I can share my list of questions, if you'd like.

Best!

Here is my two cents worth.  I am an Accountant. I will take phone calls once a month free as long as it is a quick question from anyone whom i do just their taxes.  If it takes more than 5 minutes there is a charge.  I do consultation free.  If you are a continual client meaning if I look over your books and do monthly reports i charge a fee you can call me whenever you want.  I will also do your taxes for you for a extra fee depending on the scope of the work needed to be done.  

I hope this makes sense to you.

Originally posted by @Michael Plaks :

@Wei Cho

I second the recommendation of @Logan Allec - provided he is willing to accommodate the relationship you're proposing.

To be honest, I would not - if you asked me. What you're asking for is free ongoing service (yes, it is service, because it takes our time) in exchange for one annual paid job. It's like expecting free appetizers or drinks from a restaurant year-round because you bring your family there once a year for an anniversary dinner. Or expecting free cleaning from your dentist because you will come to him when you need a crown. Or a free oil change from your mechanic because he is the one you use for major work.

I know we live in the freebie culture, but you use the word "relationship." Relationship involves respect. If you want a win-win relationship with you future CPA, I suggest you approach it with due respect for his/her time and expertise and not expect freebies, at least not until the relationship is strong. (Yes, I will do many favors for my long-term loyal clients, but not necessarily for someone I just met.)

@Wei Cho

I agree with Michael.  Good advice is worth paying for, and having an accountant do your taxes isn't exactly a huge money-maker for the accountant (most CPAs I know work on a flat-fee for taxes, which works out to fairly small dollar amount per hour).  Their expertise IS their livelihood.  You clearly find value in their knowledge or else you would not be asking them questions about the complex topics and subject matters for which they have such expertise.  Find a CPA who knows what he/she is doing and is also pleasant and respectful towards you, try to do as much research as you can on your own, and pay the CPA for their expertise when needed and save yourself hassle and worse money issues later by doing it right in the first place.  I'm not saying you should find one who nickel-and-dimes you for every phone call, but anything that requires them to spend more than maybe 30 minutes or an hour is worth a billable fee, particularly if you are in search of the correct answer.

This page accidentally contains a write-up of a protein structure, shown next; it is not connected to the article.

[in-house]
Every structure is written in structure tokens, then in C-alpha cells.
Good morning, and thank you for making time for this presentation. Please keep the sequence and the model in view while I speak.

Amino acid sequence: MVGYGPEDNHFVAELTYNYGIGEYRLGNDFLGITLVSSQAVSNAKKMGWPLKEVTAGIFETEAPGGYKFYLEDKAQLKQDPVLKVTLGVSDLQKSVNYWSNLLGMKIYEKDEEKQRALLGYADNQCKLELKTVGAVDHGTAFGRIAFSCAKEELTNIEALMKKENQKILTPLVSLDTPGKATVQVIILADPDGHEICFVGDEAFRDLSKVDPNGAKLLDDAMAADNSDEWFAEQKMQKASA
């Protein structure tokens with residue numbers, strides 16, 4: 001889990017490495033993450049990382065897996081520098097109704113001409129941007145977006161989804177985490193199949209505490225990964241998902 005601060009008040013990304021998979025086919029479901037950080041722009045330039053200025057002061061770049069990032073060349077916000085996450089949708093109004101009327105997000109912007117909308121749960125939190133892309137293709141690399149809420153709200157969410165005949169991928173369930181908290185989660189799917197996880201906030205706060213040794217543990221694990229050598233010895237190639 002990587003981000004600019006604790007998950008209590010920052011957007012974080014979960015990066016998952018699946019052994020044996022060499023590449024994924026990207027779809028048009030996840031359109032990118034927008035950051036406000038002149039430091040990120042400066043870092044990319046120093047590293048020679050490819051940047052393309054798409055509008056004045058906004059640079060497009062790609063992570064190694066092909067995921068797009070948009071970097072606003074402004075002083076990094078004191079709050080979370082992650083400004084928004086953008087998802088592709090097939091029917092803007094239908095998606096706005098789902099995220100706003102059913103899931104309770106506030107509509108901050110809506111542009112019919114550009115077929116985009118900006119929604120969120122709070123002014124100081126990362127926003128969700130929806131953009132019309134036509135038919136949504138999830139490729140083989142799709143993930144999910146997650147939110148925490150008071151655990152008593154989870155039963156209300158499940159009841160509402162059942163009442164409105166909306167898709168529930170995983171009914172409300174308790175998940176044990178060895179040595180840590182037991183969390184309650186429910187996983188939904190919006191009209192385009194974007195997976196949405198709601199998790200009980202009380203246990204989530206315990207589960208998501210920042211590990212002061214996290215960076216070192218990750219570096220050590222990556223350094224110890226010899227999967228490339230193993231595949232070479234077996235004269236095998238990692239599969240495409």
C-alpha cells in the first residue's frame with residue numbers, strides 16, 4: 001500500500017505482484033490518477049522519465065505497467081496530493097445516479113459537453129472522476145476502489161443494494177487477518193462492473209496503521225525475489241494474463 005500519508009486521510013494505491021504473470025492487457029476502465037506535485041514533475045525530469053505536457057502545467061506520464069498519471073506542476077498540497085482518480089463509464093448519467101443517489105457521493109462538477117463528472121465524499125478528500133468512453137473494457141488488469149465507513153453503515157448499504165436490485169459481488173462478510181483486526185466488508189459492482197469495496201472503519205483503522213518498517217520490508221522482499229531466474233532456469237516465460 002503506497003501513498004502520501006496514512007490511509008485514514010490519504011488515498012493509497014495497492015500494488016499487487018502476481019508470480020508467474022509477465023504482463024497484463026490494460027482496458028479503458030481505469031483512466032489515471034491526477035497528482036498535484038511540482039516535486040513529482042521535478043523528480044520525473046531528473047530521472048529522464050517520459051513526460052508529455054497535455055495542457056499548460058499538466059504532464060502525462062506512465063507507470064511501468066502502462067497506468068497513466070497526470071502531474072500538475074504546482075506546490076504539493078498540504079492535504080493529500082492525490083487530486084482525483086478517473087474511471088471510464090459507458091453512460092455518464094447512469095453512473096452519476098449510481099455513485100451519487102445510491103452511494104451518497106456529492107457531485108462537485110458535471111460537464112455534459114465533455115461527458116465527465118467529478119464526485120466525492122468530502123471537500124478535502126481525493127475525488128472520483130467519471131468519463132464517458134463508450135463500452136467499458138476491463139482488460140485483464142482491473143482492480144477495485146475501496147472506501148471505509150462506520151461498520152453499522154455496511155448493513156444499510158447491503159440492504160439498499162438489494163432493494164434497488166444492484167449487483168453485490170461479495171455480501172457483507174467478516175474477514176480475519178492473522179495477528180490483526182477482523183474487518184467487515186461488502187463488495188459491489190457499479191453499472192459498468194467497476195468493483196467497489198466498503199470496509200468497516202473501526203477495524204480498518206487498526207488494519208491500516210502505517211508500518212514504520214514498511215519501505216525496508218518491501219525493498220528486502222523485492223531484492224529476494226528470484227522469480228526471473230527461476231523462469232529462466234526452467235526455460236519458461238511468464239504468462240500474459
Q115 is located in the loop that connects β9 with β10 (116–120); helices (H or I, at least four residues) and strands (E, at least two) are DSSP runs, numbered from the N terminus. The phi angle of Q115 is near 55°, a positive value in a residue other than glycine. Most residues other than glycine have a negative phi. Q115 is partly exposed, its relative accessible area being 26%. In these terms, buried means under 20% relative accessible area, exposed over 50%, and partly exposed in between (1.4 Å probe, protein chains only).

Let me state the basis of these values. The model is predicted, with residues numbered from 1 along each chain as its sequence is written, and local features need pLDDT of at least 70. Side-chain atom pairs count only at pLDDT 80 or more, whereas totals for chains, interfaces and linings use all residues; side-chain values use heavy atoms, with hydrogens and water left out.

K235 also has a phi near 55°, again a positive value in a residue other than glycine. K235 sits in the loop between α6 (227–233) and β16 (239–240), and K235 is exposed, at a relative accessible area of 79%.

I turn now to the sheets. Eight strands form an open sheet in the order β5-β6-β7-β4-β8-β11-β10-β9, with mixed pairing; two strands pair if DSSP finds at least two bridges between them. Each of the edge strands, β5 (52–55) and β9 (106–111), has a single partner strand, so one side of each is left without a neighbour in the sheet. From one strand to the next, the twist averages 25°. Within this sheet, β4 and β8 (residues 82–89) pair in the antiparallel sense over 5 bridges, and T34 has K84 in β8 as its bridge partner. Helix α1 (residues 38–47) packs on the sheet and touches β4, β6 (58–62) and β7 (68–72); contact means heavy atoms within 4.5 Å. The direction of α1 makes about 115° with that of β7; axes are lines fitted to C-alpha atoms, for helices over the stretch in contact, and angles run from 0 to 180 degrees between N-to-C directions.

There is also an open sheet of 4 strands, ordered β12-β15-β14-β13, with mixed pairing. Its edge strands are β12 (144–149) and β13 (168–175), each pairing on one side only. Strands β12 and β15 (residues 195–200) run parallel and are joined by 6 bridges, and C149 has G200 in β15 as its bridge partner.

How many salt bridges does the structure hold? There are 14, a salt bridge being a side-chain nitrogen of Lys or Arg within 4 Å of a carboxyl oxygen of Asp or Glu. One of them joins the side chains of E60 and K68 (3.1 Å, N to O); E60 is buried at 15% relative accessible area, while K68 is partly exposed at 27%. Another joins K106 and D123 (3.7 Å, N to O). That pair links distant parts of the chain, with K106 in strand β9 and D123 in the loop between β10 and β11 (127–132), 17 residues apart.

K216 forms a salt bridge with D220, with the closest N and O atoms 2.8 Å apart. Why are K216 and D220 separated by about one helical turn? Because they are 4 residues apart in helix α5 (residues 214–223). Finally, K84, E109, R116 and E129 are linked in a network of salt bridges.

@Katie Lepore , @Michael Plaks , @Lane Kawaoka , @Alina Trigub , @Michele B. Thank you all for your responses! I feel like I'm more equipped to go out there and find a CPA whom I can build a trusting, long-lasting relationship. But I suppose you build it over time. My other criteria is that they are real estate investors, or that at least they work with them. Thanks again!

@Wei Cho , I been through it.

Early on, I found a CPA through recommendations, after a few years, he closed his business to go into another line of work. Then I found another one, had him a short while, then he caught the political bug, and joined a campaign for a politician, and then went into politics himself.

I was on my own for a few years, bought a few rentals, then a business. I manage to do all the taxes on my own. But if you're in business, do it yourself, your have to do payrolls, federal withholding, state withholding, workman's comp, unemployment  insurance etc. I did it all by myself, but the problem was if I had a question, I had to find the answers on the internet, or call the IRS etc.

This time around, I didn't have any good recommendations, but I went around the neighborhood, and found a CPA with a store front office. At the time I had my MBA in finance and studied Real Estate at the NYU School, including real estate accounting. I interviewed him, he gave me a few wrong answers on real estate accounting, but overall he had a good grasp on taxes, deductions, doing payroll which I done, so I decided to go with him. In fact, he reviewed the taxes that I did myself a year and two back, and found I missed some deductions, including a major one, costing me a few thousand dollars.

The way we worked it out, that was over 25 years ago, for $175/month, he'll handle all the taxes filing for Federal, State income taxes, file our personal and the business taxes year end which is in an LLC, the partnership 1065 return and K1's. I also have an S Corp. So this way, he gets paid monthly, and if I had a question, I can call him, and if he has to do research, he'll call me back. By paying him monthly, he doesn't get the feeling I'm a once a year customer asking for freebies in between. I'm semi retired now, sold a few of my rentals, and the business that's in an LLC, I sold. He's still my CPA, I no longer pay the $175/month, pay him year end, but he still handle the accounting for the remaining rentals. In fact, if he didn't hear from me for awhile, call to see if I'm OK, and several times a years, I'll take him out for lunch, and he reciprocates taking me out.

Since you're going in self employed, maybe you can work something out along the lines I have. When I started REI, I went to a few local RE club meetings, and people come around to sell services, including CPA's.